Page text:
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From Rails scaffold listing to Hotwire infinite scroll

andrzejkrzywda profile image Andrzej Krzywda ・2 min read

Rails scaffold is a technique for quickly generating a typical CRUD UI.

It's a server-side rendered html which allows listing/editing/creating/deleting records.

One of the promises of the modern approach to building UI (like hotwire or stimulus reflex) is how easy it is to just tweak the backend logic, without using JavaScript at all.

Let's look at the example of infinite scroll - full tutorial how to do it is here and here.

I just want to focus on the "diff" how to make it work.

This is a typical Rails scaffold preparing all the posts to be displayed.

  def index
    @posts = Post.all
  end
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This is the equivalent Rails view (rendering html).

  <% @posts.each do |post| %>
    <div>
      <h1><%= post.title %></h1>
      <p><%= post.body %></p>
    </div>
  <% end %>
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Now, in order to use Hotwire (actually Turbo Frame) we change the controller to this:

  def index
    @page = params[:page] ? params[:page].to_i : 1
    offset = (@page - 1) * PER_PAGE
    @posts = Post.offset(offset).limit(PER_PAGE)
    @next_page = @page + 1 if @posts.size == PER_PAGE
  end
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In short, we pass 3 parameters to the view: page, posts, next_page.

And the view changes to this:

<%= turbo_frame_tag "posts_#{@page}" do %>
  <% @posts.each do |post| %>
    <div>
      <h1><%= post.title %></h1>
      <p><%= post.body %></p>
    </div>
  <% end %>

  <% if @next_page %>
    <%= turbo_frame_tag "posts_#{@next_page}", loading: :lazy, src: posts_path(page: @next_page) %>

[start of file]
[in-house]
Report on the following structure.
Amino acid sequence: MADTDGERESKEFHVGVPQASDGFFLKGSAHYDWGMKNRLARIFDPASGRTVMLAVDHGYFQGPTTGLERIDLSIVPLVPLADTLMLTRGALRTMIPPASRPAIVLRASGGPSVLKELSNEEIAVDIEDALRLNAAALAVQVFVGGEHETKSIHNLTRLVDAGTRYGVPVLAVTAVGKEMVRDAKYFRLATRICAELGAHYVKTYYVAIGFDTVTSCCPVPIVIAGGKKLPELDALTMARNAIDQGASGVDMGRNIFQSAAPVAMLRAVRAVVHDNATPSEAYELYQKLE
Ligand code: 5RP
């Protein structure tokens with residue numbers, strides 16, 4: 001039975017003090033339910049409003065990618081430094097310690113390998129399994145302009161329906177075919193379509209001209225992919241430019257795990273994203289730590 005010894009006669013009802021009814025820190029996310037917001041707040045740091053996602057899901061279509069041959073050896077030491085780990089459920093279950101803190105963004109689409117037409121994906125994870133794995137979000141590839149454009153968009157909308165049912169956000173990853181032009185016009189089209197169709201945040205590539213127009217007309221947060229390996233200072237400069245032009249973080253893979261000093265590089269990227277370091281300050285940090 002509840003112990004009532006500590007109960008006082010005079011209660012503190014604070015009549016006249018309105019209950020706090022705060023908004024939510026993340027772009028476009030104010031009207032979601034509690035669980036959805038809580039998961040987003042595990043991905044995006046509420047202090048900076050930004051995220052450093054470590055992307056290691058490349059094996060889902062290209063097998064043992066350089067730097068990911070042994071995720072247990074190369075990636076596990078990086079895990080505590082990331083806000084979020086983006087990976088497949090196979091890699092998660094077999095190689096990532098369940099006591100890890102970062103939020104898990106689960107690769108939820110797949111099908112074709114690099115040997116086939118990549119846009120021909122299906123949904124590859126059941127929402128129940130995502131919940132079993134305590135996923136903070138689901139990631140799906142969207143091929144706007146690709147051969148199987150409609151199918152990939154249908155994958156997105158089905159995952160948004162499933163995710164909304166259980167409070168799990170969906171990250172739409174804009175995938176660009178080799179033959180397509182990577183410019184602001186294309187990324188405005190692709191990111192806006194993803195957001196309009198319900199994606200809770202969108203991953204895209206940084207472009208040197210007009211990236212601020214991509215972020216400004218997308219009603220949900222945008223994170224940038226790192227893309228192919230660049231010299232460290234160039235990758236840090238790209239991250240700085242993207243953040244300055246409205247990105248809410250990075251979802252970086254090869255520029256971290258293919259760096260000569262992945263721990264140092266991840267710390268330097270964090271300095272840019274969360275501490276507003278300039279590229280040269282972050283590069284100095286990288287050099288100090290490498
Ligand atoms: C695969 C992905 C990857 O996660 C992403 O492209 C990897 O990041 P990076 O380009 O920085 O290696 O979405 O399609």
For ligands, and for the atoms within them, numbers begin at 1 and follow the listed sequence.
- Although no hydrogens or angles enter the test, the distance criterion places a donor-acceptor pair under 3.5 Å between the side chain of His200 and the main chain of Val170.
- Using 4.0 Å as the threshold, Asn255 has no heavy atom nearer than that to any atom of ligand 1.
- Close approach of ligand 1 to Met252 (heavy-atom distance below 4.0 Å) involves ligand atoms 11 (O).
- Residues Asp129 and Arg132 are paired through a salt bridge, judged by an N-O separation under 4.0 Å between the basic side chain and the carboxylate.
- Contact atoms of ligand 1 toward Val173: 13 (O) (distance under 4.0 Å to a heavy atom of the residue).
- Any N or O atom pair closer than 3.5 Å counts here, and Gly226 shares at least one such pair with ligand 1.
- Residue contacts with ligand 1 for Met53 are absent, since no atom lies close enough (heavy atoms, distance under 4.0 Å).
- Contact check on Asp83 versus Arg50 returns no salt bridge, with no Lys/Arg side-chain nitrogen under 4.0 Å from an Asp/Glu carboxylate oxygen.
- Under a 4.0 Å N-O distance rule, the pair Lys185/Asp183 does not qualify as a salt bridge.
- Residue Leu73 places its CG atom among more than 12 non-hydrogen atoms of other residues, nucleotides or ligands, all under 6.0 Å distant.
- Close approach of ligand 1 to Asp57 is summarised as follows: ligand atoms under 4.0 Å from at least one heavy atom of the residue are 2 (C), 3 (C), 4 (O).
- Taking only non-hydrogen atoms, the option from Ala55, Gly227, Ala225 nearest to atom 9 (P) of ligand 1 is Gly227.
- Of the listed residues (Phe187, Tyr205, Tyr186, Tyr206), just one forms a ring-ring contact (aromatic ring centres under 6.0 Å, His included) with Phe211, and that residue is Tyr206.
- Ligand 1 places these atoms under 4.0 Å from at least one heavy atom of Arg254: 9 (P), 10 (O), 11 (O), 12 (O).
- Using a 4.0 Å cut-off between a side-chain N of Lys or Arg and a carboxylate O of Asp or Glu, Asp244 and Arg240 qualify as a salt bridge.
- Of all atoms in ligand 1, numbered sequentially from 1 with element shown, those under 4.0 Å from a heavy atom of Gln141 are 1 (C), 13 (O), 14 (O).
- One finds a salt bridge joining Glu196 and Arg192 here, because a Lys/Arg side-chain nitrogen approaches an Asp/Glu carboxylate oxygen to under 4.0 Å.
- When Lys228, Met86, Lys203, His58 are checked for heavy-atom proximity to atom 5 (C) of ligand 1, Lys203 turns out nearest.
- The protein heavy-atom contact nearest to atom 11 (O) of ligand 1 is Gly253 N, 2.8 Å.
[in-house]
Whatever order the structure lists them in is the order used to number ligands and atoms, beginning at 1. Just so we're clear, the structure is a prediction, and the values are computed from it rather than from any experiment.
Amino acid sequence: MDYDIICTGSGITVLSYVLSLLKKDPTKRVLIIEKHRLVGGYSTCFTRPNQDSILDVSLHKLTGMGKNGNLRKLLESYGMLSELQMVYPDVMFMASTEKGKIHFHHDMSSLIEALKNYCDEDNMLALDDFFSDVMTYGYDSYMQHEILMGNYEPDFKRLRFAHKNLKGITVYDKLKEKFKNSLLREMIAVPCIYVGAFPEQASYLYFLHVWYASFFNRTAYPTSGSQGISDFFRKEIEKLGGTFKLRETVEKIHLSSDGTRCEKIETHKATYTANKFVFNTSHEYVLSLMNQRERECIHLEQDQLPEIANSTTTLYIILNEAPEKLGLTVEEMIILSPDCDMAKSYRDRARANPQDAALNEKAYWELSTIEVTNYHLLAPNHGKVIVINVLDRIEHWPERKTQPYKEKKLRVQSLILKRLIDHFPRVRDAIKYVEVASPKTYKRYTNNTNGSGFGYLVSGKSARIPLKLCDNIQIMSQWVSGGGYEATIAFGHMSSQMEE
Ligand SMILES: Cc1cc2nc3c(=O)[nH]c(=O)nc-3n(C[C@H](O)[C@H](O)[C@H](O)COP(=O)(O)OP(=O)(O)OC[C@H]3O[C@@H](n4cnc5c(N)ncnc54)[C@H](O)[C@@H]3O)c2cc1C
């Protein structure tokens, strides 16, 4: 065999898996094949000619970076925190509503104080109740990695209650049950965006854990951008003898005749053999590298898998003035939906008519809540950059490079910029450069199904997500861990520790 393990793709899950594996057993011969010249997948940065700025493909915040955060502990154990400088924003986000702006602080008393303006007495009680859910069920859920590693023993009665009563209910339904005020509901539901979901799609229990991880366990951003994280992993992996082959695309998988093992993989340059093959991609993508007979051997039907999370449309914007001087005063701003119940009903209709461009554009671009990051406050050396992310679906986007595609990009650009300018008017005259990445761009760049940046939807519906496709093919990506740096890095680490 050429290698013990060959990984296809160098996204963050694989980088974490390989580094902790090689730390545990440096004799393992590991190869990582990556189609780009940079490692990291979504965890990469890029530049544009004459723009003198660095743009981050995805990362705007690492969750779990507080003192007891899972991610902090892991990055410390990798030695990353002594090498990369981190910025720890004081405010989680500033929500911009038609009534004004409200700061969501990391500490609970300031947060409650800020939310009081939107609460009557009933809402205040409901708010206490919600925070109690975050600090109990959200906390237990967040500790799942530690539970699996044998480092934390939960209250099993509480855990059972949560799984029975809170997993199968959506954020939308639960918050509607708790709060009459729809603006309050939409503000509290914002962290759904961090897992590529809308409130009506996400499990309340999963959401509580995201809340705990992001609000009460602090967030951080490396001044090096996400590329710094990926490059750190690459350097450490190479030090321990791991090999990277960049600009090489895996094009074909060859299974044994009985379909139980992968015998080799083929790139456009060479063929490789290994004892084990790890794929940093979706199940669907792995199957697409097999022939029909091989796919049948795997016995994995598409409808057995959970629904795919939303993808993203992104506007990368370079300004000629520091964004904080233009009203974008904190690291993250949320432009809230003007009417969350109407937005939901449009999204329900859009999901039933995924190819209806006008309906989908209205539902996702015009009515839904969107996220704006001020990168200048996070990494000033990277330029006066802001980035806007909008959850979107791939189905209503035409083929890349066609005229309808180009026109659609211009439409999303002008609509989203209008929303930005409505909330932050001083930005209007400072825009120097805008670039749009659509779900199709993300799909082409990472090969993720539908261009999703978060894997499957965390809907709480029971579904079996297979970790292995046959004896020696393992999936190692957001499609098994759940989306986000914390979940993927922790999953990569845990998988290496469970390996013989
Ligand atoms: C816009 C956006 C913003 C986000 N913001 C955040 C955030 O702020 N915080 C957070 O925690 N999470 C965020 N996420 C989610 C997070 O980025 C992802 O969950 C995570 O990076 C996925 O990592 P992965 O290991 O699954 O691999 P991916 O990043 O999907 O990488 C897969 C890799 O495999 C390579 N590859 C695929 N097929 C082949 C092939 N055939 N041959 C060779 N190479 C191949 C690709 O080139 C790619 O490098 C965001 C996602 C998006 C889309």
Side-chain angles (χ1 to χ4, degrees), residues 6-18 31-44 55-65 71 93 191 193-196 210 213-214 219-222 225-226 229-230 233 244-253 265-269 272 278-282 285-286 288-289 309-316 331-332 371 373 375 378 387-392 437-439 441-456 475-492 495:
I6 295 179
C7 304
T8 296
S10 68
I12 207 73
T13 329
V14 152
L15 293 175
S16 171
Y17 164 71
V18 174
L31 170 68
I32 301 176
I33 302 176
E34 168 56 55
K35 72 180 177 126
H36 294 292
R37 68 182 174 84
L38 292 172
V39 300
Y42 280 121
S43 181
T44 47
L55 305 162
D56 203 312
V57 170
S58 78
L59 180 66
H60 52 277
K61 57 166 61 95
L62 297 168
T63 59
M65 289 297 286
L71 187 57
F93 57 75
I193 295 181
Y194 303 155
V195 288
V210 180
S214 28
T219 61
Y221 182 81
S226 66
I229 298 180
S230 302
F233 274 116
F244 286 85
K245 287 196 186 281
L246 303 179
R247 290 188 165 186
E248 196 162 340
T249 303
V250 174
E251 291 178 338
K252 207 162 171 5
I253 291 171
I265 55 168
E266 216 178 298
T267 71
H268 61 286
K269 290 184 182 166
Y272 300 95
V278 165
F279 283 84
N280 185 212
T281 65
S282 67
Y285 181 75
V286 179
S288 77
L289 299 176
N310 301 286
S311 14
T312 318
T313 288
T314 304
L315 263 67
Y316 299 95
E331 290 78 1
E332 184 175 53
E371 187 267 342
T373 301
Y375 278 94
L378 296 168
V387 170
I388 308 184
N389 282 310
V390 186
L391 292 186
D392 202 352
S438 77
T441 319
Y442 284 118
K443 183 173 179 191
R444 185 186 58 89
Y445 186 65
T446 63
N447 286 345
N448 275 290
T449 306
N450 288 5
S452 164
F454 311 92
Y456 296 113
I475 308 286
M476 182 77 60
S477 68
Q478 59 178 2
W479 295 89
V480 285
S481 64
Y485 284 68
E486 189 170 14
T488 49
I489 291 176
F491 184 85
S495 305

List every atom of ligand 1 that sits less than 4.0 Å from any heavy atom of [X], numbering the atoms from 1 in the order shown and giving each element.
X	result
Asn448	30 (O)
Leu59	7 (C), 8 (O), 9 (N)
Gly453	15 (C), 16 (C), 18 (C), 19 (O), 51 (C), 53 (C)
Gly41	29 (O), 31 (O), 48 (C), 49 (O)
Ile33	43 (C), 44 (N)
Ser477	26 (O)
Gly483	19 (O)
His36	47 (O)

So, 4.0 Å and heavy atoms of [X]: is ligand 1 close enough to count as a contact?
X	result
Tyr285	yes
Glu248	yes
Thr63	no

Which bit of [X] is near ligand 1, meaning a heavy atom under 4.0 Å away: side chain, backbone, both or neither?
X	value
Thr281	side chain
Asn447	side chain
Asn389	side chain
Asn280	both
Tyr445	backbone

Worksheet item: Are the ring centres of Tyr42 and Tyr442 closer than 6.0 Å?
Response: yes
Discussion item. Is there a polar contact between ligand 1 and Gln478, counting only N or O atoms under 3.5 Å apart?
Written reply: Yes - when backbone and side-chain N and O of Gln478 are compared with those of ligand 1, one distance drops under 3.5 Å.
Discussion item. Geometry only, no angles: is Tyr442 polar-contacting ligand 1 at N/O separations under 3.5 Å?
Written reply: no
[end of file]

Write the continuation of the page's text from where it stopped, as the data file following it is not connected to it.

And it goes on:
<% end %>
<% end %>
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We wrap the whole thing with a turbo_frame_tag and we append more such frames for next pages. That's it.

As you can see the middle of the view stayed the same.

The UI now lists posts and keeps appending them when we scroll down.

I'm not claiming that it's amazing or something. But the practicality of getting our app more interactive, while not jumping to JavaScript is simple yet powerful.

I like it as it allows me to gradually extend my app with new features.

If you like audio to educate yourself then I recommend this podcast to learn more how it works:

https://www.codewithjason.com/rails-with-jason-podcast/episodes/092-vladimir-dementyev-5fK__ZQf/

Discussion (2)

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jgaskins profile image
Jamie Gaskins

This works great in Firefox (and presumably Chrome), but it doesn't work as expected on Safari due to some limitations in Safari's implementation of custom HTML elements (such as turbo-frame). Specifically, it looks like IntersectionObserver callbacks fire on custom elements regardless of whether they're in the viewport, so this implementation loads all pages eagerly.

For things that have a known finite number of pages, this is probably still usable, but if someone's loading a virtually infinite social feed it'll probably crash their browser.

I've noticed a few other minor issues with Turbo and Safari. Nothing that doesn't work at all, but definitely some things that will require some workarounds to work as expected. For example, you can't style a turbo-frame in Safari — you can use it as an ancestor element in a selector but you can't apply styles to it directly.

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andrzejkrzywda profile image
Andrzej Krzywda Author

Thanks for this, I wasn’t aware.